The distinction between cancelled and postponed events is leading to growing consumer unrest over ticketing to concert and sporting events.
The dissatisfaction is rising because ticketing giant Ticketmaster will allow consumer refunds on cancelled events but not on postponed or rescheduled events, and the vast majority of summer sports and concerts fall into the latter category. Until the events are cancelled or rescheduled, ticket purchasers are in limbo.
Ticketmaster policy is to provide refunds on the officially cancelled events, with some delays because of current volume. In one recent televised interview, Joe Berchtold, president of Ticketmaster parent Live Nation, said only about 10 per cent of spring and summer events have been officially cancelled. Ticketmaster cannot provide refunds on the postponed or rescheduled events because the funds from consumer purchases have been provided to event venues and promoters, and a lot of those venues are currently closed. “Ticketmaster doesn’t sell these tickets and sit on a mountain of cash. Ticketmaster sells tickets and gives the cash over to the venues where the events are held,” Berchtold said.
Critics have noted that Live Nation now acts as a promoter, venue owner, artist manager as well as “box office”, since merging with Ticketmaster in 2010.
Ticketmaster’s Canadian web site notes that tickets for postponed and rescheduled events are generally valid for new event dates, although event organizers may choose to offer refunds. Cancelled events generate automatic refunds.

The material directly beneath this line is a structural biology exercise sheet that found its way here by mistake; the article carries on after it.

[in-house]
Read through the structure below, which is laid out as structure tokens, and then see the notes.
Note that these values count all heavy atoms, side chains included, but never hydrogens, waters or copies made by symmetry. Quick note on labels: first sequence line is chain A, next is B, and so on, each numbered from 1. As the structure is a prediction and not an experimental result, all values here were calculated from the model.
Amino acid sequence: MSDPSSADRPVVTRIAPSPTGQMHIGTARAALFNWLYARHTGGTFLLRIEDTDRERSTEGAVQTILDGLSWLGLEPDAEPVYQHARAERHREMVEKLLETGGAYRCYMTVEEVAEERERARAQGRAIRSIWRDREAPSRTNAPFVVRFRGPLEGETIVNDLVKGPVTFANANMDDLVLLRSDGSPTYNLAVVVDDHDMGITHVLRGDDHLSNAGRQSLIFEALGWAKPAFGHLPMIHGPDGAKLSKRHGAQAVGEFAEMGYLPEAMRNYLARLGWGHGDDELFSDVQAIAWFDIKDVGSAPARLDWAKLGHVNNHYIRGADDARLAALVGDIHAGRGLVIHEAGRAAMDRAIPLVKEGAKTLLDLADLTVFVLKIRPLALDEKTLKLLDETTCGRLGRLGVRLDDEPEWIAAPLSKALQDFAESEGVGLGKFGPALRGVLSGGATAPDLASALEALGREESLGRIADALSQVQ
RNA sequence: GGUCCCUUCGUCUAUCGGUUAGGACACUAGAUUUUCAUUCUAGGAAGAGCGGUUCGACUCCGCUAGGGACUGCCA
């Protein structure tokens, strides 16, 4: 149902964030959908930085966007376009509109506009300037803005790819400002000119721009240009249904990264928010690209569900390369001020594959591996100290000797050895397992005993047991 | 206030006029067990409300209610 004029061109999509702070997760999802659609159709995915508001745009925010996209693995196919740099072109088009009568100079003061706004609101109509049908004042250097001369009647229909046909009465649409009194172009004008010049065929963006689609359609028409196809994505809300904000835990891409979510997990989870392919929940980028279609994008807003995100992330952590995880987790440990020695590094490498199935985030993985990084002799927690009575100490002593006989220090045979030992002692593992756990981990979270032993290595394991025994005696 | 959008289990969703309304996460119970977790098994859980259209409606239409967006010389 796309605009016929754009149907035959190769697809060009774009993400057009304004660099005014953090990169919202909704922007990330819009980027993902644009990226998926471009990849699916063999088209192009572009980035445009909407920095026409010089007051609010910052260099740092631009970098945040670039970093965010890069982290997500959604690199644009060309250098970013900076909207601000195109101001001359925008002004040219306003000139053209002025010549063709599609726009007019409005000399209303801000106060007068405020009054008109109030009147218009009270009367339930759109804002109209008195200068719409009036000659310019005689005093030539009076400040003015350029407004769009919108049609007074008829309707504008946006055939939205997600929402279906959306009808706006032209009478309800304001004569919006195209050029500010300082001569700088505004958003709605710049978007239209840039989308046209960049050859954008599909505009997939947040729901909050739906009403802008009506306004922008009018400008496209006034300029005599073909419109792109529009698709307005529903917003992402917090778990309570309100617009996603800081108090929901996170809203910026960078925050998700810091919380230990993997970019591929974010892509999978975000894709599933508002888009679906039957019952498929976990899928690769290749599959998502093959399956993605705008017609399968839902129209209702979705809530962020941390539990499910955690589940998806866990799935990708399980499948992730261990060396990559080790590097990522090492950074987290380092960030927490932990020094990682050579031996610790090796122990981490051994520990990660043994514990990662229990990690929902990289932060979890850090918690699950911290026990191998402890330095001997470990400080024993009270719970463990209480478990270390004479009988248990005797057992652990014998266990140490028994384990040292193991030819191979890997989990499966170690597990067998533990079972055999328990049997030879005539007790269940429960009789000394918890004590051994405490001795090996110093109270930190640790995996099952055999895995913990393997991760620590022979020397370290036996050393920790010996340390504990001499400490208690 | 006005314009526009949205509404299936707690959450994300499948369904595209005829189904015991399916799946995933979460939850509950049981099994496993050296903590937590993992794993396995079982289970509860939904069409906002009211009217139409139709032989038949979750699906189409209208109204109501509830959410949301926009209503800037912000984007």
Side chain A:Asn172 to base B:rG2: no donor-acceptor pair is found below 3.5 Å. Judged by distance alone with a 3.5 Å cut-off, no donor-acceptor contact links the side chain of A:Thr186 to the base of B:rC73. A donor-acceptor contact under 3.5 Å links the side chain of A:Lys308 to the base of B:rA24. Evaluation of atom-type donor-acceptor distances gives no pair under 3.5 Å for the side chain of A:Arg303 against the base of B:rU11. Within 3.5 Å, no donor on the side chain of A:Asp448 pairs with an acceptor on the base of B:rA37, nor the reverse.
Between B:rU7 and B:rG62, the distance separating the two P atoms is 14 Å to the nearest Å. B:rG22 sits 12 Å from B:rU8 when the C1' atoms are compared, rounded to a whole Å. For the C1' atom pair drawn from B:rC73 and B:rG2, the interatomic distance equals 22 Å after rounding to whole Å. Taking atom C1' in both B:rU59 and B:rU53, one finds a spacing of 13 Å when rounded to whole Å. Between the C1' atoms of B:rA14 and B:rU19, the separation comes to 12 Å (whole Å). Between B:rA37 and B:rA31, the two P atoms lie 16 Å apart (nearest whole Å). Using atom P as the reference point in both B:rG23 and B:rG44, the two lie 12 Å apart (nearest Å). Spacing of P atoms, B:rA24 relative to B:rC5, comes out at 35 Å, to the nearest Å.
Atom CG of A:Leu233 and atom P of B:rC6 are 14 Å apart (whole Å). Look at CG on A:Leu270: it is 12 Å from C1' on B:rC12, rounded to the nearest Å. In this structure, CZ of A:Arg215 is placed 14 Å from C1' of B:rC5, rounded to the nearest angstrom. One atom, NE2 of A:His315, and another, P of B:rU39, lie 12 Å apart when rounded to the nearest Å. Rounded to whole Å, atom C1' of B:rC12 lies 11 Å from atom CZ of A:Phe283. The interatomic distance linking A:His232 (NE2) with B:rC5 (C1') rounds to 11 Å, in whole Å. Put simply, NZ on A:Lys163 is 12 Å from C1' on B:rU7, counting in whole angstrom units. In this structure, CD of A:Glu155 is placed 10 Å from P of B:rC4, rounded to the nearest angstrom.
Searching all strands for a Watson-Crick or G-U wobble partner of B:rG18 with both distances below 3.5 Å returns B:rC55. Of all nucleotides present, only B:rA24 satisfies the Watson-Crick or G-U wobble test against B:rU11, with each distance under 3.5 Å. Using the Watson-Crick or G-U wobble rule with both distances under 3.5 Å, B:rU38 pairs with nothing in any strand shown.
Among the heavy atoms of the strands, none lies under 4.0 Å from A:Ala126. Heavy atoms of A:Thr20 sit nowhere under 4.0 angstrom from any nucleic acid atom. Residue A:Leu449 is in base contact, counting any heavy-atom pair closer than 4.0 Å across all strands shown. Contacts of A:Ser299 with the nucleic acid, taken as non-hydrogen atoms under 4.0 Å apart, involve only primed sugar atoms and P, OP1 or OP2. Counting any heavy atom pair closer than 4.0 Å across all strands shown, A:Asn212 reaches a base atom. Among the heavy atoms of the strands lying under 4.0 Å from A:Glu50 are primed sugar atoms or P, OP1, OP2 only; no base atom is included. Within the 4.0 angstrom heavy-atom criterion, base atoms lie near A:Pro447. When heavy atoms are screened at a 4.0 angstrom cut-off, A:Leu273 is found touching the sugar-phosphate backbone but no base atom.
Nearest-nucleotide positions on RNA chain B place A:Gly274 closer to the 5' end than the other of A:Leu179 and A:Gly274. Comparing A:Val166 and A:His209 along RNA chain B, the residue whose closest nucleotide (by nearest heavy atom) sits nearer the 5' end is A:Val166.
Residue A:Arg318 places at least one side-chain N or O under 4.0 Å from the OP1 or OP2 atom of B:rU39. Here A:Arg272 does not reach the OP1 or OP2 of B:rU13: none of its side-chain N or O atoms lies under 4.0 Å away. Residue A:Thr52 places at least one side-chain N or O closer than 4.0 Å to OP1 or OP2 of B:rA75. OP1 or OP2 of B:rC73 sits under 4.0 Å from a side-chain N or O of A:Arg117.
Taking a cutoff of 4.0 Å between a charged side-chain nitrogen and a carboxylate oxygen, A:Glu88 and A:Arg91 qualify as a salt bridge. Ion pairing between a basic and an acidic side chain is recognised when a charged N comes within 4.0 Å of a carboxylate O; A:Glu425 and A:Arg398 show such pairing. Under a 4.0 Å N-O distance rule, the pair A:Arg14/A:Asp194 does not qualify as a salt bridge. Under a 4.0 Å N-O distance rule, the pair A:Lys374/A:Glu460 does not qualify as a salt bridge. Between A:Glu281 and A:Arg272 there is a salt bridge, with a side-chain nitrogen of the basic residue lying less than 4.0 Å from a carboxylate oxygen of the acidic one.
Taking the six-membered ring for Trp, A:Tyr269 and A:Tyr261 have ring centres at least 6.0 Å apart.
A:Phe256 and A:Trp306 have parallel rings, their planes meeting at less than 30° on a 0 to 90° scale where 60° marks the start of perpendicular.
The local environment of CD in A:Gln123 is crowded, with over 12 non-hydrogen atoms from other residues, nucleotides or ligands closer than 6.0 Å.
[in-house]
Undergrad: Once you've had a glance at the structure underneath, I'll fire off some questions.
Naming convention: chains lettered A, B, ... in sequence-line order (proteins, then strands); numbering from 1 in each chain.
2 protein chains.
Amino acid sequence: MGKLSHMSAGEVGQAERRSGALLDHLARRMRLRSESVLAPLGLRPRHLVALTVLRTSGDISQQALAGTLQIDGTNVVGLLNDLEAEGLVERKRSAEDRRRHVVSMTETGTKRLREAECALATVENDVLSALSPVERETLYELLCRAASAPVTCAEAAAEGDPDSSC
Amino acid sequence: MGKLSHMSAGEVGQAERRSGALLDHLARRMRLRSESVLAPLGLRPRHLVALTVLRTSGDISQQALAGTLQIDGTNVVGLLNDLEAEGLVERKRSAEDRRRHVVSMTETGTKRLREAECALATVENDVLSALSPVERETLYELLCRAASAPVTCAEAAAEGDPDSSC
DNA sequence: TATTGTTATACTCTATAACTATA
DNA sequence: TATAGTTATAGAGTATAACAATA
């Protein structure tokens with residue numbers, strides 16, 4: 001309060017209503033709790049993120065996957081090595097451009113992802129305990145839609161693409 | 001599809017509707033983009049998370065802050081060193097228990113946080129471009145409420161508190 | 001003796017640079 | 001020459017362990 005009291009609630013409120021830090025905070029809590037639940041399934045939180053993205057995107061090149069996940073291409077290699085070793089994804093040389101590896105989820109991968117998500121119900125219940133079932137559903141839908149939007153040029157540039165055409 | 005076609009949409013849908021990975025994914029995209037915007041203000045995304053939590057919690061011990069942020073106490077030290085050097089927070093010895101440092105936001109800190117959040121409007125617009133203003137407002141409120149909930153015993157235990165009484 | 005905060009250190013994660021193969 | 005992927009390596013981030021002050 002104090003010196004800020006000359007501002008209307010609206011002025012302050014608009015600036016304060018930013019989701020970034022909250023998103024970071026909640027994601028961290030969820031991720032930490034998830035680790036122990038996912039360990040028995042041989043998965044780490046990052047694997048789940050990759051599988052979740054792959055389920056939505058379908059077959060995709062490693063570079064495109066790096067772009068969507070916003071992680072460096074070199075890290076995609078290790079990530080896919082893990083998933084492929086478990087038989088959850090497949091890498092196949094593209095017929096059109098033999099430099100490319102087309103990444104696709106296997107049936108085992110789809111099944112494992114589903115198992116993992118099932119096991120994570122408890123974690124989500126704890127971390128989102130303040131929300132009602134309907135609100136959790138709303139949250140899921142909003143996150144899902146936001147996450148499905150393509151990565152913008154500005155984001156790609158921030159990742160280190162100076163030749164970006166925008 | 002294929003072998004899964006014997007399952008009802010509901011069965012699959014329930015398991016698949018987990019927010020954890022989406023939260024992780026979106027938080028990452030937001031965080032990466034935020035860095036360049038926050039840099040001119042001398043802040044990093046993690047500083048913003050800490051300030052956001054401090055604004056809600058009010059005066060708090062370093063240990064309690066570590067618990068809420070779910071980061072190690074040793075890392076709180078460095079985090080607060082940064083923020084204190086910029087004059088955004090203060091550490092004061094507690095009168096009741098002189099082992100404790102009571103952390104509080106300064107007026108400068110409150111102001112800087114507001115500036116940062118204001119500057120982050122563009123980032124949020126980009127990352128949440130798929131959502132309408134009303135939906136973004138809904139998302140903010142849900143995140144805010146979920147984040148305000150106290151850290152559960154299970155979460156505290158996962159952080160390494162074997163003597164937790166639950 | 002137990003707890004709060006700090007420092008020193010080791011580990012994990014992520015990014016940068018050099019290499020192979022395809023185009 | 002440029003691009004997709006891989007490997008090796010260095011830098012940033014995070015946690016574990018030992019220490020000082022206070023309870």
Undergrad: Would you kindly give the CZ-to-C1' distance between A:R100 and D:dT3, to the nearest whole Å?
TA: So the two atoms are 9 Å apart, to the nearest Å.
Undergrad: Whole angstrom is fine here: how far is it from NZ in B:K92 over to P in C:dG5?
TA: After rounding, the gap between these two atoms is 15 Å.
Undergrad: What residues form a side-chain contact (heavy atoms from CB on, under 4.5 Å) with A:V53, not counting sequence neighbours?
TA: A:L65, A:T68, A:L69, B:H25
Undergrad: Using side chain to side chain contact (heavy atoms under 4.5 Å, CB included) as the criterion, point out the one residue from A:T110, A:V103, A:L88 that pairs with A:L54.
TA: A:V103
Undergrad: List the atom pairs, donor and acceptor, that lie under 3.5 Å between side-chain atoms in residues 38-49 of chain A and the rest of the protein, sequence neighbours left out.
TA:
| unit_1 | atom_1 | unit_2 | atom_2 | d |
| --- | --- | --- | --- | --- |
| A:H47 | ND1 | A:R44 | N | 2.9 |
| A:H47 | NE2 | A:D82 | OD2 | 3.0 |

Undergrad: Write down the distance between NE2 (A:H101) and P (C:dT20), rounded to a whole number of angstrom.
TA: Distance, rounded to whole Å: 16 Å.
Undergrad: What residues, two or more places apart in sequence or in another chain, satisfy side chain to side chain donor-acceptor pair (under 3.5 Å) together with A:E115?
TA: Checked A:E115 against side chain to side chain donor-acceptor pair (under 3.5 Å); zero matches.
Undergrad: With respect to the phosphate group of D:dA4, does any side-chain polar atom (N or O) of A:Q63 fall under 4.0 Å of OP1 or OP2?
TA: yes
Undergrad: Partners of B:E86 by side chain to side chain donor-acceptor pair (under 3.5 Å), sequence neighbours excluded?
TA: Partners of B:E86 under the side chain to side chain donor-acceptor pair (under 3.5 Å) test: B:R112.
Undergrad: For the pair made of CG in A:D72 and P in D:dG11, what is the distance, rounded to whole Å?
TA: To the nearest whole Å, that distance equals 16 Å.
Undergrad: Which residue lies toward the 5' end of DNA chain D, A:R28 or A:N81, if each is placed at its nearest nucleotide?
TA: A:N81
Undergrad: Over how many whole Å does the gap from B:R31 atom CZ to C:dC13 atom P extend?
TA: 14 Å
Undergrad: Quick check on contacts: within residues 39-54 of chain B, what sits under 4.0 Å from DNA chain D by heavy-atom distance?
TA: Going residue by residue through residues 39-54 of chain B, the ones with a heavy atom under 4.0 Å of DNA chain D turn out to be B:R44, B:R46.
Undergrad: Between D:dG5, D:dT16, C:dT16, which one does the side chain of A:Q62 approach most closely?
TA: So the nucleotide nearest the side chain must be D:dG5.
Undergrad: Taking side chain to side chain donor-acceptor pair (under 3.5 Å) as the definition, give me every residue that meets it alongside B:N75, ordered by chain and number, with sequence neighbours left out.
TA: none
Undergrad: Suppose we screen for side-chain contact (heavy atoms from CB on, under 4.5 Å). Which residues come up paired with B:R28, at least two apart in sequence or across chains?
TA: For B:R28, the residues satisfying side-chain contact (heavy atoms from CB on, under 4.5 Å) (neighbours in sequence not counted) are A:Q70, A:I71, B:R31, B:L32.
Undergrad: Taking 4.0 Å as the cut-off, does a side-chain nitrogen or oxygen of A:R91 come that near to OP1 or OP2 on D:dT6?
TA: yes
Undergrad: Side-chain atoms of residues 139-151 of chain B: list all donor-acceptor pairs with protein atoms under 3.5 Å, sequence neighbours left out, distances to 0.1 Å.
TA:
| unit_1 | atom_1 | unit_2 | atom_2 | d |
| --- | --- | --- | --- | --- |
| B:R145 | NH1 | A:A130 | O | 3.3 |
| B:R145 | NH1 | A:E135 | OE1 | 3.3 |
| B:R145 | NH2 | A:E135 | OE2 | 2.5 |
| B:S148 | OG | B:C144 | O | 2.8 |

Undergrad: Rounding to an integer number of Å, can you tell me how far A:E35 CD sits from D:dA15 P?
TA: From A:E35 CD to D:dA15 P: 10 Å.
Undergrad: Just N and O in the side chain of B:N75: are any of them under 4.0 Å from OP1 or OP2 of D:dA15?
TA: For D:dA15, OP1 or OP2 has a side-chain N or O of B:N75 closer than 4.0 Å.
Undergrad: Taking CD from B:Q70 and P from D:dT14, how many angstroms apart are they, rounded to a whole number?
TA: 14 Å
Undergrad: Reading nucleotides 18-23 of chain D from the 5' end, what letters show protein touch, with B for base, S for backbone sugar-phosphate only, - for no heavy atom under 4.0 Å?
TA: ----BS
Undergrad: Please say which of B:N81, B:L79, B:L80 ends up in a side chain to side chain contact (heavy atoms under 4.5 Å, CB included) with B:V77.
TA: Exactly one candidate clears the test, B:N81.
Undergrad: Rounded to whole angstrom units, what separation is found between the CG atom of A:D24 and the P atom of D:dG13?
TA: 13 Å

Stubhub is a leading secondary market in which consumers purchase tickets from ticket owners, rather than event promoters. It has similar guidelines for postponed and rescheduled events because current tickets may be valid for new dates. Its web site notes that when events are cancelled, buyers will not receive a refund, “but instead a coupon worth 120% of the original order to be used on StubHub orders until December 31, 2021.” Consumers who sold tickets on StubHub for an event that was later cancelled will see a charge on their payment card, but should see an offsetting credit from the original ticket company.
StubHub faces a major U.S. class action suit after it dropped its FanProtect guarantee to refund all cancelled tickets. StubHub told its users in a recent email that the current crisis has put the company in a difficult position. “We are facing significant timing delays in recouping funds from the thousands of sellers on our platform, and expect these challenges to continue in the coming months.”
Both Ticketmaster and StubHub have paid substantial penalties in the past year after Canada’s competition watchdog found uncompetitive behaviour.
Canada’s Competition Bureau issued a warning in July 2017 to ticketing companies to review practices so that the true prices of tickets to sporting and entertainment events were displayed.
A $4.5 million settlement with Ticketmaster Canada was announced in June 2019, after an investigation showed that advertised prices were not attainable because they added mandatory fees – typically more than 20% and as much as 65% – to advertised prices.
In February 2020, Stubhub agreed to pay a $1.3 million penalty after the Bureau found “misleading pricing claims in the online sale of tickets to entertainment and sporting events.” The Bureau found that users could not purchase tickets at advertised prices because of optional fees disclosed later in the transaction process that often added 28% to the price.